You may notice that selection sort looks like a square. That’s not a coincidence – selection sort will, at worst, only swap as many times as there are items in the list, because it moves each item to its correct place in one swap operation, rather than moving things around haphazardly like bubble sort. This is what we call an O(n) algorithm – you can think of it as, for a list of n items, selection sort takes at most n steps to complete. This is why selection sort looks like a square – for 500 numbers, it took about 500 steps to finish.
I also noticed from this picture that selection sort builds up the final list in one smooth take, from the beginning of the list through to the end. Once the rainbow on the left side of the image starts forming, nothing is ever added to the left side or the inside of the rainbow – it only grows rightward. At each step, it just appends to the already-sorted section of the list. This makes it efficient in a way, because it doesn’t need to move a lot of numbers around – it just adds it to the end of a list each time. We’ll see in a minute that selection sort’s cousin, insertion sort, doesn’t share this property.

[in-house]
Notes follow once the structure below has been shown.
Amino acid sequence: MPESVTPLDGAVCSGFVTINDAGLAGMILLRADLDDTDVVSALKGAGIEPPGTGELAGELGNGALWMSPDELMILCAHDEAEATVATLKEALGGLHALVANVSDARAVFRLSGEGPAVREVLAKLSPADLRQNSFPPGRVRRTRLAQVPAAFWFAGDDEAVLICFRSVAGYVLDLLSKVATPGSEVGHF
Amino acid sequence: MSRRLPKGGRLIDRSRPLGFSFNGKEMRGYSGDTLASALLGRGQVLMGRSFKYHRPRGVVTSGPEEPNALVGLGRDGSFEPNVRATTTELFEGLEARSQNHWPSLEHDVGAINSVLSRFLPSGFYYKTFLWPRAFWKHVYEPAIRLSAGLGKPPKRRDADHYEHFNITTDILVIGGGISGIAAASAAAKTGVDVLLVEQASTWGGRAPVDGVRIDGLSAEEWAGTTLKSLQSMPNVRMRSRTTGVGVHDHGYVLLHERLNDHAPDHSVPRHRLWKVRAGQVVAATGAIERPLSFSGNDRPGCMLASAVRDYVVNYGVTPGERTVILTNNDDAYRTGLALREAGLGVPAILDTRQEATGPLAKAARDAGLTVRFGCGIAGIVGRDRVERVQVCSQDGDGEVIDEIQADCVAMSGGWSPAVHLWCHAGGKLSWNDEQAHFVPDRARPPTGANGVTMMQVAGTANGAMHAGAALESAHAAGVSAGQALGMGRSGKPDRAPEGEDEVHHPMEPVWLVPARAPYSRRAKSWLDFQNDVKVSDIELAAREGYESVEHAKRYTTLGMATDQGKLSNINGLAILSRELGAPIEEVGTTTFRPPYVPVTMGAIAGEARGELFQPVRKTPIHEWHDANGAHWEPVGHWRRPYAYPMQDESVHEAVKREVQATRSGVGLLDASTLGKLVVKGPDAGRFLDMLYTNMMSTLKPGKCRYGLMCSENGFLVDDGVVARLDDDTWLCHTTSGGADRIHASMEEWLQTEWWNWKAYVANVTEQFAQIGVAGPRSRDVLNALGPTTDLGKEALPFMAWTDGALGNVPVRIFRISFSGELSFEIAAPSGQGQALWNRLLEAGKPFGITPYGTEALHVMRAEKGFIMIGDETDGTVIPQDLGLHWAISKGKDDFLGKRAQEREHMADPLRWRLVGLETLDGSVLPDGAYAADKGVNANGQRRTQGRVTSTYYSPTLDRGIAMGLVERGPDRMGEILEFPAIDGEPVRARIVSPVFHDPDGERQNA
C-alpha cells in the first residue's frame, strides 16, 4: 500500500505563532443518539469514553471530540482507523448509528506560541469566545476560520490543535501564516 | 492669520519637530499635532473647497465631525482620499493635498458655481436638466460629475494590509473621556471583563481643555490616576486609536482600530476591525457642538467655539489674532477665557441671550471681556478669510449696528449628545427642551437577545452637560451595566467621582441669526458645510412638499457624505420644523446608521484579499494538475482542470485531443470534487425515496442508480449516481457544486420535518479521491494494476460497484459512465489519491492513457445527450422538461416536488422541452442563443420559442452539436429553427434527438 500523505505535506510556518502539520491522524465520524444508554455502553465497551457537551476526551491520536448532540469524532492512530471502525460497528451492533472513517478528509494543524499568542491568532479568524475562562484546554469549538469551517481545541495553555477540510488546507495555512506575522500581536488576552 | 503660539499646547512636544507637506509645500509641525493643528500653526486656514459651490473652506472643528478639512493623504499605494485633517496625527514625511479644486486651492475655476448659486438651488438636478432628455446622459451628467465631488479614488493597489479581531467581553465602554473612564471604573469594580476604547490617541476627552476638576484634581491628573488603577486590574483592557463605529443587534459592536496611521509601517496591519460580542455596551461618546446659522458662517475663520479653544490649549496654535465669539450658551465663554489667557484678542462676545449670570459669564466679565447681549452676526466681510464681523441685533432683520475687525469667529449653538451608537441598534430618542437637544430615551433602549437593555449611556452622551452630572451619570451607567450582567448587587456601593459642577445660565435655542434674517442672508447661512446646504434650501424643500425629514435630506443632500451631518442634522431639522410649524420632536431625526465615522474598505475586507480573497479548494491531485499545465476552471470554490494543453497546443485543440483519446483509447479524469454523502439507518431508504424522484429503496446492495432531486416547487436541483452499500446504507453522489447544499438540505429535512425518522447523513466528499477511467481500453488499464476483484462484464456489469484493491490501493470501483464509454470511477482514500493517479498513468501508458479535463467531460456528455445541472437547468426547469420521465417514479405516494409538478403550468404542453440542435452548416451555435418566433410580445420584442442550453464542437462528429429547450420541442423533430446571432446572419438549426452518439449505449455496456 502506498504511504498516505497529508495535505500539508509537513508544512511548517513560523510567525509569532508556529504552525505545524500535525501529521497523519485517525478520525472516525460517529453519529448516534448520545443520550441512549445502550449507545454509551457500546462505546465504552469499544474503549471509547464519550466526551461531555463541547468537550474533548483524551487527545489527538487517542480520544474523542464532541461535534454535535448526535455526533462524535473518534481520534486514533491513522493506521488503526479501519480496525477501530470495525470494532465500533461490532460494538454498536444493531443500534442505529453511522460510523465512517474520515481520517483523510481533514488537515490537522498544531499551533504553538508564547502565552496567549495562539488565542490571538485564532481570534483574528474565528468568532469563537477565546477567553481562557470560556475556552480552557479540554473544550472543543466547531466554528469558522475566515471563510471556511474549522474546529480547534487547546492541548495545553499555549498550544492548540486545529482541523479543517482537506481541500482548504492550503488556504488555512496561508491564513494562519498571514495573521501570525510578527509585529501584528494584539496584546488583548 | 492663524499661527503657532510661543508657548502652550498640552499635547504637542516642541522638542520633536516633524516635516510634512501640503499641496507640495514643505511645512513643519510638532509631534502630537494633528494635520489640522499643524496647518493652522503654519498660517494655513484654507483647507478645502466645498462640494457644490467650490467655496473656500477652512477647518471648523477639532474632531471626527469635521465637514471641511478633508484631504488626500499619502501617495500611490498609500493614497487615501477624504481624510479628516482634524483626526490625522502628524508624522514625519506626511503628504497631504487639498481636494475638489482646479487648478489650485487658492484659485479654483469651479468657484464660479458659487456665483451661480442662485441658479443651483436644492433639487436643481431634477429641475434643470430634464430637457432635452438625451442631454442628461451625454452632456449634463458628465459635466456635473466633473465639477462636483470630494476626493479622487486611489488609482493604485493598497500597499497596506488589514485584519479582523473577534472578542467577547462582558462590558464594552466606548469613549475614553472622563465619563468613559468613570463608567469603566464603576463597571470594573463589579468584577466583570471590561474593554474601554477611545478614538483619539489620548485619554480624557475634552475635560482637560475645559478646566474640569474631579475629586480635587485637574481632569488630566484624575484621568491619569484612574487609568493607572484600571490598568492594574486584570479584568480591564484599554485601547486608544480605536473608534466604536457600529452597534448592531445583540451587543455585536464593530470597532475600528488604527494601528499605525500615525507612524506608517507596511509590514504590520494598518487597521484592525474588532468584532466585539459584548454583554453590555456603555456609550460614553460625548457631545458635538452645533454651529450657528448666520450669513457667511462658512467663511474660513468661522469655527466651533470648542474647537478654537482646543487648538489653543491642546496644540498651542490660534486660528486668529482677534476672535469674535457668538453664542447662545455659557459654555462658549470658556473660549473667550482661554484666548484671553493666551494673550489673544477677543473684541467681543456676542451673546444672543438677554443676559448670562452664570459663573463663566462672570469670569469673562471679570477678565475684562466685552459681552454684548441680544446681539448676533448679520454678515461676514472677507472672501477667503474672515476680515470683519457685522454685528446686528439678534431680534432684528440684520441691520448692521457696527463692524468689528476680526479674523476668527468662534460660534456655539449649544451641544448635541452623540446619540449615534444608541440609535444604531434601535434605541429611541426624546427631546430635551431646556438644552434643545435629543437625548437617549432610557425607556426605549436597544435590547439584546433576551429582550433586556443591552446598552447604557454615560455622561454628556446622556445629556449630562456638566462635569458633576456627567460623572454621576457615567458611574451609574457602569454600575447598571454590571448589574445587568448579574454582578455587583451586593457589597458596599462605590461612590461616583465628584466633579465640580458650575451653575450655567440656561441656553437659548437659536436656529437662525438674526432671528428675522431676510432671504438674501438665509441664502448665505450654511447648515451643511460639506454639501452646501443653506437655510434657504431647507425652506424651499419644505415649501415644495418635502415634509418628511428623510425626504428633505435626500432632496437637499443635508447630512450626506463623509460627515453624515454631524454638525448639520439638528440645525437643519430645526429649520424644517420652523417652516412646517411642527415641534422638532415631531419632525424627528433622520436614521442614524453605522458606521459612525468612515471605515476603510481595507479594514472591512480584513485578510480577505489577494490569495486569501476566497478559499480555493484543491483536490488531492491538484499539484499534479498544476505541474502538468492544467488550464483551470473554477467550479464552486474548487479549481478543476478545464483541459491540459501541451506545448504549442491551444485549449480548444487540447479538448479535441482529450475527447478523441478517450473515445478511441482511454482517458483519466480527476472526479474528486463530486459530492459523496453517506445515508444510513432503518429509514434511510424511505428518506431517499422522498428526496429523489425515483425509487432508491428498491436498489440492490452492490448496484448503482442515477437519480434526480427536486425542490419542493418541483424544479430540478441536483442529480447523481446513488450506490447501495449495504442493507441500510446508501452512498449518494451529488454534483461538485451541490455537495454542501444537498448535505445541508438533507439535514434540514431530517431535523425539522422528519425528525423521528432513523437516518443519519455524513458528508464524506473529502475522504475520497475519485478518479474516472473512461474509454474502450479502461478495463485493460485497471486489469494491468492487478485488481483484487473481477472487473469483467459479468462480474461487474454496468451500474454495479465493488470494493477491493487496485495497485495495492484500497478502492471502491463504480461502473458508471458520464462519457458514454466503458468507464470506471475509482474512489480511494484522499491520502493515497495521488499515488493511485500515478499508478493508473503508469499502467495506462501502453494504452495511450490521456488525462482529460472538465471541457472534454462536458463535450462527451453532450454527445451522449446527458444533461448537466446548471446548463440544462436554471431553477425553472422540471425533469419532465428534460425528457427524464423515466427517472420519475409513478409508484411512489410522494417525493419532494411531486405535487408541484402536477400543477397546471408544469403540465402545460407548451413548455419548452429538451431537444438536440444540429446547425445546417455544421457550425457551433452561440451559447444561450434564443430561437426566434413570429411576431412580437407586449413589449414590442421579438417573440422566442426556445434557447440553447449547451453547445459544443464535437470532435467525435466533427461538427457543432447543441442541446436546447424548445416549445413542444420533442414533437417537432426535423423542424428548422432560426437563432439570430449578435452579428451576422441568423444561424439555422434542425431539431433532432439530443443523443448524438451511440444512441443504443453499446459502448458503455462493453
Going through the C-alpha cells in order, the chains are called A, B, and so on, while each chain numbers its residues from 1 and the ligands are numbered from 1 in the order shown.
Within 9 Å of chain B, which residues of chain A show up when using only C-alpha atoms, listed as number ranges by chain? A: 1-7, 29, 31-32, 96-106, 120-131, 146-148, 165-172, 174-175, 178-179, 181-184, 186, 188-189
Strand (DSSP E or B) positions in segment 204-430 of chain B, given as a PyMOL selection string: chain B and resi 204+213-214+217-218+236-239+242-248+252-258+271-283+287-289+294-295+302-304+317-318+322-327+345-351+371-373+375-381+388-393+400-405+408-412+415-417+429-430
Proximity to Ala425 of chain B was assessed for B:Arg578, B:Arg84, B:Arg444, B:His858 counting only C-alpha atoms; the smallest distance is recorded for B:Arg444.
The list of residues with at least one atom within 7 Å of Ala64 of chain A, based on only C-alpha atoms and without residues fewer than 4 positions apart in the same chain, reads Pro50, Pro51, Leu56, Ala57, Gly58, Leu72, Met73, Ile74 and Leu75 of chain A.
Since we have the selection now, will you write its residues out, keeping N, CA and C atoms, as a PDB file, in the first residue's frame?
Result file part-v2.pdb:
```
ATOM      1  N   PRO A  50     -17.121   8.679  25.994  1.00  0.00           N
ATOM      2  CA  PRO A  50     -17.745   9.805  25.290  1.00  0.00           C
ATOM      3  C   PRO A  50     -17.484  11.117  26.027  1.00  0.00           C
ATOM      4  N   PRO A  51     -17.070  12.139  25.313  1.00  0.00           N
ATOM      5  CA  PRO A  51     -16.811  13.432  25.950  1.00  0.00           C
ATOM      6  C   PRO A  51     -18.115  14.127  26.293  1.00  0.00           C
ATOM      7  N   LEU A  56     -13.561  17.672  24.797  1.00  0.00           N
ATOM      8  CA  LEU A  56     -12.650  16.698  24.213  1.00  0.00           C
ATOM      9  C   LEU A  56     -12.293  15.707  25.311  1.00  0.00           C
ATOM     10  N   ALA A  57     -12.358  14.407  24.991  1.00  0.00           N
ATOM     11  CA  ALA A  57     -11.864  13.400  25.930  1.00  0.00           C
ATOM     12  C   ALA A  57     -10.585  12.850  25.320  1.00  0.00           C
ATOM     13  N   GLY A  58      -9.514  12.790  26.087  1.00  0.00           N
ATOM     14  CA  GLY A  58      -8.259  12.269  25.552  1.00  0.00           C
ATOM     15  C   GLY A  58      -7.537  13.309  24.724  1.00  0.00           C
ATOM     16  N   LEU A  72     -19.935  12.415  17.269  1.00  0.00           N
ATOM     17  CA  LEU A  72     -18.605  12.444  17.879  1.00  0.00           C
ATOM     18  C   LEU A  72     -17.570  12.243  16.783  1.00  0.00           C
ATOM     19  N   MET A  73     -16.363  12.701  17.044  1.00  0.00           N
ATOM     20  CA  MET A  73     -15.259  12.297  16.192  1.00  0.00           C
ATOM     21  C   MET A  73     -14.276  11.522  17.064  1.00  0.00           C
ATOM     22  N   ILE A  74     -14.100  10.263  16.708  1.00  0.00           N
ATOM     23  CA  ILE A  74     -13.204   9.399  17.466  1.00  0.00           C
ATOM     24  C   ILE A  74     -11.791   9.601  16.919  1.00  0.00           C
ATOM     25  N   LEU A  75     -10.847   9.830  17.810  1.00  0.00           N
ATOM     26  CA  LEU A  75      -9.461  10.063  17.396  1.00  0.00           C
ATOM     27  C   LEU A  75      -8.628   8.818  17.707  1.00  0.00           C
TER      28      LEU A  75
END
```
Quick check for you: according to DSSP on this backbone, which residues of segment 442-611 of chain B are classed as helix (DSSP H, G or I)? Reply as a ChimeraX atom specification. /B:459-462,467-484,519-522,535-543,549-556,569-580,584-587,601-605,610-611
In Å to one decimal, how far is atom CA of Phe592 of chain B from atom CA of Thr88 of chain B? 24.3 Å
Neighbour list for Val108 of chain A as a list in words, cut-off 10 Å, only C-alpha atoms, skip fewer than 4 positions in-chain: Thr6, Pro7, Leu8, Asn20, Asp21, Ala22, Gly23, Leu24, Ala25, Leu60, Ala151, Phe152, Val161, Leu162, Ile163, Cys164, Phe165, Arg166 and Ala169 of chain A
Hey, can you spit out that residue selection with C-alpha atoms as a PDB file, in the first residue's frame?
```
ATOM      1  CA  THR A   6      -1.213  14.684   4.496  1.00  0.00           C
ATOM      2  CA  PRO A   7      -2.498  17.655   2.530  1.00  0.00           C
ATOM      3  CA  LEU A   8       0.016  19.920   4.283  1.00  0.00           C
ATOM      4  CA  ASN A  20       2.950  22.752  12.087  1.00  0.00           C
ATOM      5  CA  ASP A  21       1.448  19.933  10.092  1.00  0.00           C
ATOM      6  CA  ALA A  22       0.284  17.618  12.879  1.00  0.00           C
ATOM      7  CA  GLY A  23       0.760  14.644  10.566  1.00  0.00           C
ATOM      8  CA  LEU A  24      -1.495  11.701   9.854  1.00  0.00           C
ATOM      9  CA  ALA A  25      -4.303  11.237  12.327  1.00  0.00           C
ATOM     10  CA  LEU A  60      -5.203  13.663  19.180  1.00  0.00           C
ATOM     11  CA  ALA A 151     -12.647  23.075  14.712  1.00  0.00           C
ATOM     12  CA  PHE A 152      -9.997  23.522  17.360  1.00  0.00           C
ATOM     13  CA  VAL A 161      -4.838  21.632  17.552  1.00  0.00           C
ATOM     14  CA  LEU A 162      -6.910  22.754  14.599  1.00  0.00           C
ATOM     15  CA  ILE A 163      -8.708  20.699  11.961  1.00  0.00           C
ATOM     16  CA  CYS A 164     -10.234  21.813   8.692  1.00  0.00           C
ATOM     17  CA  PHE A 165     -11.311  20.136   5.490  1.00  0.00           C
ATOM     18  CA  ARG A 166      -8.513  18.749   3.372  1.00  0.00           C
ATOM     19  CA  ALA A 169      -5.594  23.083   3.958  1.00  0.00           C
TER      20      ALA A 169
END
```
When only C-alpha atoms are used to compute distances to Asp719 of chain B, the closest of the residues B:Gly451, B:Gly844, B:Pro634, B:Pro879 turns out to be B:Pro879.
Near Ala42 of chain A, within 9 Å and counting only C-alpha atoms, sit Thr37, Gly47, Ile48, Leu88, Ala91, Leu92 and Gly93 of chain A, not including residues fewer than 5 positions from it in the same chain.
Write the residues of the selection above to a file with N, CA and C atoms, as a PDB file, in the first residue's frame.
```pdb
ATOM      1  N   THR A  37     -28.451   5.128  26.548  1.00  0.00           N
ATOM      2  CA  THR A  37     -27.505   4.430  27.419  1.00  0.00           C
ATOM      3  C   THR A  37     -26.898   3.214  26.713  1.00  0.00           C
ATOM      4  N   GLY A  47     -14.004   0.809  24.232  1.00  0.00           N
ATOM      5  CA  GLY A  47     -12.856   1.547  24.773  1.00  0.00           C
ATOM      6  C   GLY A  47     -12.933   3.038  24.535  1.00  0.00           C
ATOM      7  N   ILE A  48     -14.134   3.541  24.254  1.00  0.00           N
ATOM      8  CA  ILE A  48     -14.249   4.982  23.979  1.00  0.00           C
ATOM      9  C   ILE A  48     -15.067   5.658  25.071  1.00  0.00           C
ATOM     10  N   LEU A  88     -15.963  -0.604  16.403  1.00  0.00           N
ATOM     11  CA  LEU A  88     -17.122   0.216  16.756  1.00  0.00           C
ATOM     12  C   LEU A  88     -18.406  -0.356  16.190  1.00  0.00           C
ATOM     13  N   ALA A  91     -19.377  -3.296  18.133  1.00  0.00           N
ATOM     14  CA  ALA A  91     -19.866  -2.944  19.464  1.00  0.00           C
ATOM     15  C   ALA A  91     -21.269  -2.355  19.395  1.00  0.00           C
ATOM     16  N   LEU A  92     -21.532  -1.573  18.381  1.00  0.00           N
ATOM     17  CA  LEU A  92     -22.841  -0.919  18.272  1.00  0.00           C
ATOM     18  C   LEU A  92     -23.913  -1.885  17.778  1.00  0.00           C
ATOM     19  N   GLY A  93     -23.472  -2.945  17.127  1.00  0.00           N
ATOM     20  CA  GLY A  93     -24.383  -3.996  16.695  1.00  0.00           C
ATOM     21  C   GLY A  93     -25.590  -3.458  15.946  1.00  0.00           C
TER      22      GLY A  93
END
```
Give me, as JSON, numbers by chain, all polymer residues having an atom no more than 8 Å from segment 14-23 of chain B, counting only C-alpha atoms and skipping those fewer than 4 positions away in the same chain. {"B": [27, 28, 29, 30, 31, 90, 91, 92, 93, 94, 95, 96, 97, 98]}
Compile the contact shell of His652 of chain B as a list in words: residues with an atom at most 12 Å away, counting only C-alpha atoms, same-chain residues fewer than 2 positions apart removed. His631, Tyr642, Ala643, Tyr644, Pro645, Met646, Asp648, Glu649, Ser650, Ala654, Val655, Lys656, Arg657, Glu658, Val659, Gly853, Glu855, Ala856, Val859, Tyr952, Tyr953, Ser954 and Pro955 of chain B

The last interesting property of selection sort is that, even partway through the sort process, a part of the list is completely sorted. This makes selection sort also a partial sort algorithm, which means that it can take a list and sort only a subset of it completely.
Insertion sort is selection sort’s close cousin. It’s also got a square picture with an O(n) time complexity, and is fairly simple to describe. It goes like this:
- Start with the first number.
- For the number to the right of the first, if it’s less than the first, add it to the left of the first number; if it’s greater, add it to the right. We’ve just made a “sorted” subsection of our list with two numbers in it.
- For subsequent numbers we find on the right, find its correct place in our “sorted” section of the list on the left side, and insert the new number into its correct place.
- Continue doing this until you reach the right end of the list.
Insertion sort looks familiar, but it has one major difference.
The major difference is that, unlike selection sort, insertion sort isn’t a partial sort algorithm. It takes whatever number it finds as it goes through the list, and tries to sketch out the shape of the final list from the get-go, adding each number it finds to the middle of the “sorted” section, the rainbow.